As the 2016 Atlantic hurricane season begins, scientists at NOAA are expecting about 12 named storms and two major hurricanes.
ALBANY, NY (June 7, 2016) -- With the hurricane season officially upon us and a tropical storm bearing down on Florida’s north coast, weather forecasters, government agencies, and coastal dwellers alike are deeply concerned about the frequency and impact of this year's crop of hurricanes.
The following weather experts and faculty of the University at Albany's Department of Atmospheric and Environmental Sciences, which comprises the largest concentration of weather research scientists in New York State and one of the largest in the country, can help explain the formation, trajectory, frequency and intensity of North American hurricanes, and what we might expect for the 2016 season.
Some of these experts include:
Kristen Corbosiero, assistant professor: Corbosiero studies the structure and intensity change of tropical cyclones using both observational data sets and high-resolution numerical models. Specifically, she is interested in understanding the physical processes responsible for the formation of hurricane rain bands and secondary eyewalls, and how tropical cyclones respond to, and evolve in, vertical wind shear. In addition, Corbosiero is researching the mechanisms of rapid intensity change in hurricanes, and the impact of recurving eastern North Pacific tropical cyclones on the North American Monsoon System.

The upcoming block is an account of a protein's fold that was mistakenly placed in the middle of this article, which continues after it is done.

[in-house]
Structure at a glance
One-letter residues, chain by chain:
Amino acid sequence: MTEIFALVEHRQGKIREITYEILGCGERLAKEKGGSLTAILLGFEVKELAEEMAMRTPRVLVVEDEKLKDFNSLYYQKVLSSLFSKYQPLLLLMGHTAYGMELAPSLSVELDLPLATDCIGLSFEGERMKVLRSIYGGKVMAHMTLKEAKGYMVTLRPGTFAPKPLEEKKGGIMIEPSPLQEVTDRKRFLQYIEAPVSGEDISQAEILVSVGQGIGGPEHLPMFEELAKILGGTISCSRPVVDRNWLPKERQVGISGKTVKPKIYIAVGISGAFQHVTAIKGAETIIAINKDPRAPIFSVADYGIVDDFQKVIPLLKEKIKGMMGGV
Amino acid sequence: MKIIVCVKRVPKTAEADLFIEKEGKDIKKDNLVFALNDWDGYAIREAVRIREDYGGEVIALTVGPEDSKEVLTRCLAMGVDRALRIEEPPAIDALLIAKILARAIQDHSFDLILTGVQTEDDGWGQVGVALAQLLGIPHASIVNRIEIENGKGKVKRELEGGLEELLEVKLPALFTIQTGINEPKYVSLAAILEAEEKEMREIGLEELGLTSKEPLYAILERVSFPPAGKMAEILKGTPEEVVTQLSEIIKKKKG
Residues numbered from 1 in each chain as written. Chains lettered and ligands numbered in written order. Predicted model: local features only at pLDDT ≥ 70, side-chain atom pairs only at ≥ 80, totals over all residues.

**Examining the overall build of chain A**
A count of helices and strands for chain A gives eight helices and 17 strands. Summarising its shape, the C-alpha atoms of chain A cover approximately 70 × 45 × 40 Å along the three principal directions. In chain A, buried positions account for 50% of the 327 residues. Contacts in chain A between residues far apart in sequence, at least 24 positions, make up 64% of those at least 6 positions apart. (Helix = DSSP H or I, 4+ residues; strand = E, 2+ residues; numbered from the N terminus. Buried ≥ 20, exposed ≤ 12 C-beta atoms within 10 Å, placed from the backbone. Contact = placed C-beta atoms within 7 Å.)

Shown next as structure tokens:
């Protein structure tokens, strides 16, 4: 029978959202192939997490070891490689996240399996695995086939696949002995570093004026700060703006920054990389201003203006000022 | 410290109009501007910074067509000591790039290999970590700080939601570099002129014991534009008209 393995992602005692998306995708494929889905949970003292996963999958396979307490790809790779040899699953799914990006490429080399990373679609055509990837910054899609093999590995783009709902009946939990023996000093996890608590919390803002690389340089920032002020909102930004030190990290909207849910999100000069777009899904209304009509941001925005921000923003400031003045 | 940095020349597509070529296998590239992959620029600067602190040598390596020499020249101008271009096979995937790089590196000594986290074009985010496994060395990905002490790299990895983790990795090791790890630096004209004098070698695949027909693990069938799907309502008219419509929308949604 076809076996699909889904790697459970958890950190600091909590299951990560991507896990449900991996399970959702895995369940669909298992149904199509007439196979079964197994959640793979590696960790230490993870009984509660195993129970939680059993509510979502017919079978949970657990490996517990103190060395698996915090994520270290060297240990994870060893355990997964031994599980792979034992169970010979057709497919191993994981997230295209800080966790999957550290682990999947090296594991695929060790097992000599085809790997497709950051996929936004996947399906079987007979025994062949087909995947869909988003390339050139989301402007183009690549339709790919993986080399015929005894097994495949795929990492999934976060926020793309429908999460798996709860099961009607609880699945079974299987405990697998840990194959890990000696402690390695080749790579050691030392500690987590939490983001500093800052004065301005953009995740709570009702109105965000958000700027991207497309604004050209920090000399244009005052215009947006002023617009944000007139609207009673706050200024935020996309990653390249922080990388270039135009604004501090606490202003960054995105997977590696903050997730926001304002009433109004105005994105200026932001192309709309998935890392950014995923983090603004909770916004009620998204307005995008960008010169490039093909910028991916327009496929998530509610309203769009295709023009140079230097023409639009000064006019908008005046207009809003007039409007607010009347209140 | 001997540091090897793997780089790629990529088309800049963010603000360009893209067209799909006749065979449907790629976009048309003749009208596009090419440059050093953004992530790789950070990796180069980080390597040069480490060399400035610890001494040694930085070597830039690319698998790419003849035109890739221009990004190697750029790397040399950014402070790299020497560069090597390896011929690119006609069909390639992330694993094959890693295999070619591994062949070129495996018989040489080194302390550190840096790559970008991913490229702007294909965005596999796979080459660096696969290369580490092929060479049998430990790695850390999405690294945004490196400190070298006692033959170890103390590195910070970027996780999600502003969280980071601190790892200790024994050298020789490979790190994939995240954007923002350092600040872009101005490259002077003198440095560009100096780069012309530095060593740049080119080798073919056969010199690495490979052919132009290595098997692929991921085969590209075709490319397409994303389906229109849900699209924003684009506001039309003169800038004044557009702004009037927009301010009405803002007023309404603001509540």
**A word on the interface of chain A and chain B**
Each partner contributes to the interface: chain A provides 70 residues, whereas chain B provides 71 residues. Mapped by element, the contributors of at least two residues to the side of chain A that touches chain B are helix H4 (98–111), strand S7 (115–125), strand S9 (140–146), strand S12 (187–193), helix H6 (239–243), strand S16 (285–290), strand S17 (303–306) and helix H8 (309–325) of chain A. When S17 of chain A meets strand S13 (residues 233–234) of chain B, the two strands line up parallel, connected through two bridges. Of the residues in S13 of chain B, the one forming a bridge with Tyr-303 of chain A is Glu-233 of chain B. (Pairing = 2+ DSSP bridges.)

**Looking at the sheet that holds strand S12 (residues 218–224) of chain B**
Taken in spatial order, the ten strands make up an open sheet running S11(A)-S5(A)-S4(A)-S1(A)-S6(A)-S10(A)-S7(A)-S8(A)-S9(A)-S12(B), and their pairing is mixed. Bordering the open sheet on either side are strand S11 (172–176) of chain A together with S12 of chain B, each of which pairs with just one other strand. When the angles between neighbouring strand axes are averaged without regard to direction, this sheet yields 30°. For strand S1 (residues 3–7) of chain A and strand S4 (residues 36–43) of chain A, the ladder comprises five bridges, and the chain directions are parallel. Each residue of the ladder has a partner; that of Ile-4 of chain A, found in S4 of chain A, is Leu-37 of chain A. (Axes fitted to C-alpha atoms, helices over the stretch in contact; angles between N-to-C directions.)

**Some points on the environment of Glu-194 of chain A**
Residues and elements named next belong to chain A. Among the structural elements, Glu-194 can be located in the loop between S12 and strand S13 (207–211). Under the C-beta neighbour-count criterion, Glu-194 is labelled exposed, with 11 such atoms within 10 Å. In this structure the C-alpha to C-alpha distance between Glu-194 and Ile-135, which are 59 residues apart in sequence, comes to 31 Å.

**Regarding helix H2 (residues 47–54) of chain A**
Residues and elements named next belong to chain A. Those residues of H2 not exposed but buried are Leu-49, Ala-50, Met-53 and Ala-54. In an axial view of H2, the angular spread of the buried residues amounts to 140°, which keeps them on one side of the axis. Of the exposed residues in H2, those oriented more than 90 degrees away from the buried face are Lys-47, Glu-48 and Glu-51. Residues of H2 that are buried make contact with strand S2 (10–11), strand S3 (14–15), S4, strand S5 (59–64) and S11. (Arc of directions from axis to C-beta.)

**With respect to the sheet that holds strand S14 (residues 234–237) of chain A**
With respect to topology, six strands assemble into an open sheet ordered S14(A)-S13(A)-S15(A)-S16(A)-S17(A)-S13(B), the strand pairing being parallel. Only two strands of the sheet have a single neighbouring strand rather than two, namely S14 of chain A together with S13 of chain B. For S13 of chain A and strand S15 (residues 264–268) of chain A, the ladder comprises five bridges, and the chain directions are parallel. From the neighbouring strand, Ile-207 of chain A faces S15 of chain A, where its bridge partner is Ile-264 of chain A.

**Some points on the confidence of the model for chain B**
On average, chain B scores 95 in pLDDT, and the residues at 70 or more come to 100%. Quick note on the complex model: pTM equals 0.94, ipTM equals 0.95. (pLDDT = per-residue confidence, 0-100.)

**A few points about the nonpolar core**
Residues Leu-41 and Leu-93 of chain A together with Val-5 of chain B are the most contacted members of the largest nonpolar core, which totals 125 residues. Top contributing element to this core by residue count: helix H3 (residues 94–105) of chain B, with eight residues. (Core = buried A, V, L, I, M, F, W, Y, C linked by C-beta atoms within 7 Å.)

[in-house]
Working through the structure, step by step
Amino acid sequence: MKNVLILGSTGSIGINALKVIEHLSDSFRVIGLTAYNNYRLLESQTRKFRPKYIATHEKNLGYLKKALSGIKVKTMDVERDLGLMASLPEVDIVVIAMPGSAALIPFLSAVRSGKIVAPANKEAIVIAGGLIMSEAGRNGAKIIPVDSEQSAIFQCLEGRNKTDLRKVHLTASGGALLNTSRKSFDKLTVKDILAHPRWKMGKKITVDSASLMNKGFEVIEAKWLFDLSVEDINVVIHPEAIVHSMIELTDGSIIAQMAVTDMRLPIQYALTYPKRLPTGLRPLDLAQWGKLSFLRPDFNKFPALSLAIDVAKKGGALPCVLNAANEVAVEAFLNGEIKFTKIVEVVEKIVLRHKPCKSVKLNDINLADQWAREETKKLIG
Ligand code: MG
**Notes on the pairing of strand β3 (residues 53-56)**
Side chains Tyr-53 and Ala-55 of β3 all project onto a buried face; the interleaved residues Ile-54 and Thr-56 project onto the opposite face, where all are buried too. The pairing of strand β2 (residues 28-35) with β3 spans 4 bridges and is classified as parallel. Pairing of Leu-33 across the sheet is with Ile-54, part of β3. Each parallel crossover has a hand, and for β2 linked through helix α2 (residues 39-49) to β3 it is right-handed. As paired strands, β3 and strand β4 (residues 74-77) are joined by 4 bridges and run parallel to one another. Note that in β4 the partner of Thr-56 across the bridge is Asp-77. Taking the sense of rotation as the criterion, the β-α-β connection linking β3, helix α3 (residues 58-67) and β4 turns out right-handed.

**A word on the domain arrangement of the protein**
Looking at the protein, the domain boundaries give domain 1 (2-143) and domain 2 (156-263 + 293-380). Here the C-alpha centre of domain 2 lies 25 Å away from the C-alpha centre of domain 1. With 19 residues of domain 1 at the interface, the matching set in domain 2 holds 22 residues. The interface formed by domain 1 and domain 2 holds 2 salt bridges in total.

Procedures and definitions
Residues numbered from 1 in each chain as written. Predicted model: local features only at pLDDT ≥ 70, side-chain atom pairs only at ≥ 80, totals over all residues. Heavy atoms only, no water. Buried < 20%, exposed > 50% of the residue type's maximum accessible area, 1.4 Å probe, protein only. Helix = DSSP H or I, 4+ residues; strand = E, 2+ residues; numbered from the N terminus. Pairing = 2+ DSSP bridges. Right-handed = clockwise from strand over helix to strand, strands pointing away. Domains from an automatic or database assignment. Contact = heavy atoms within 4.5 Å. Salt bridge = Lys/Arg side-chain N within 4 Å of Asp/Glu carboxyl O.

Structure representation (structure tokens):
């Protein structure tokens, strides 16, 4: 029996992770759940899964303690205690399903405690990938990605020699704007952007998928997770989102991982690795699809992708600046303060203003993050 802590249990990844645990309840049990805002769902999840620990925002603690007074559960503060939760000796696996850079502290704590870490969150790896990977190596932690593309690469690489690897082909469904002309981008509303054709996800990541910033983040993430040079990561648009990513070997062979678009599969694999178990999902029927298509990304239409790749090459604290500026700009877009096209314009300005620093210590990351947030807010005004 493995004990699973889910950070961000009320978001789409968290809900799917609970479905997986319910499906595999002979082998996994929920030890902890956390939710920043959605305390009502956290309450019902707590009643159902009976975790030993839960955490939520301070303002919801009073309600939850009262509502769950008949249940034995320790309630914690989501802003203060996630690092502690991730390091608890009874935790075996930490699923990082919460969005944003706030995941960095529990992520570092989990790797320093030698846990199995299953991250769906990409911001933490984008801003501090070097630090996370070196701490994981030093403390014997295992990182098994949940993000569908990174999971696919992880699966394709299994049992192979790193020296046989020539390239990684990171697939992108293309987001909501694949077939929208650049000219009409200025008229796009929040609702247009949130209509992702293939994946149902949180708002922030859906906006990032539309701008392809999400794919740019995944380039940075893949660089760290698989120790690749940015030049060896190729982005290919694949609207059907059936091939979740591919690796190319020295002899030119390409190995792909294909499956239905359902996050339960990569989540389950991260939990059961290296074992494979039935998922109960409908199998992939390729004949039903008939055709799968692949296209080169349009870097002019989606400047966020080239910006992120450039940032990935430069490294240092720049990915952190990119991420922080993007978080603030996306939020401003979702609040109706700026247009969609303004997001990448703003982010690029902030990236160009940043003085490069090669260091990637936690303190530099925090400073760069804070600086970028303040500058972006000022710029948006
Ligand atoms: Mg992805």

Brian Tang, assistant professor: Tang focuses on aspects of tropical cyclones, including their formation, intensification, and interaction with other components of the climate system. His interests lie with how vertical wind shear weakens tropical cyclones through ventilation, how tropospheric moisture affects the development of tropical disturbances, and what sets the variability of tropical disturbances and genesis productivity globally and regionally.
Christopher Thorncroft, professor and chair: Thorncroft's research is focused on improving our understanding of West African monsoons and how they impact Atlantic tropical cyclone variability. The research spans a wide range of timescales and focuses on understanding the physical processes that impact the nature and variability of African easterly waves (AEWs). This includes a special emphasis on how AEWs interact with mesoscale convective systems and ultimately how this affects the probability that AEWs will help spawn tropical hurricanes and cyclones.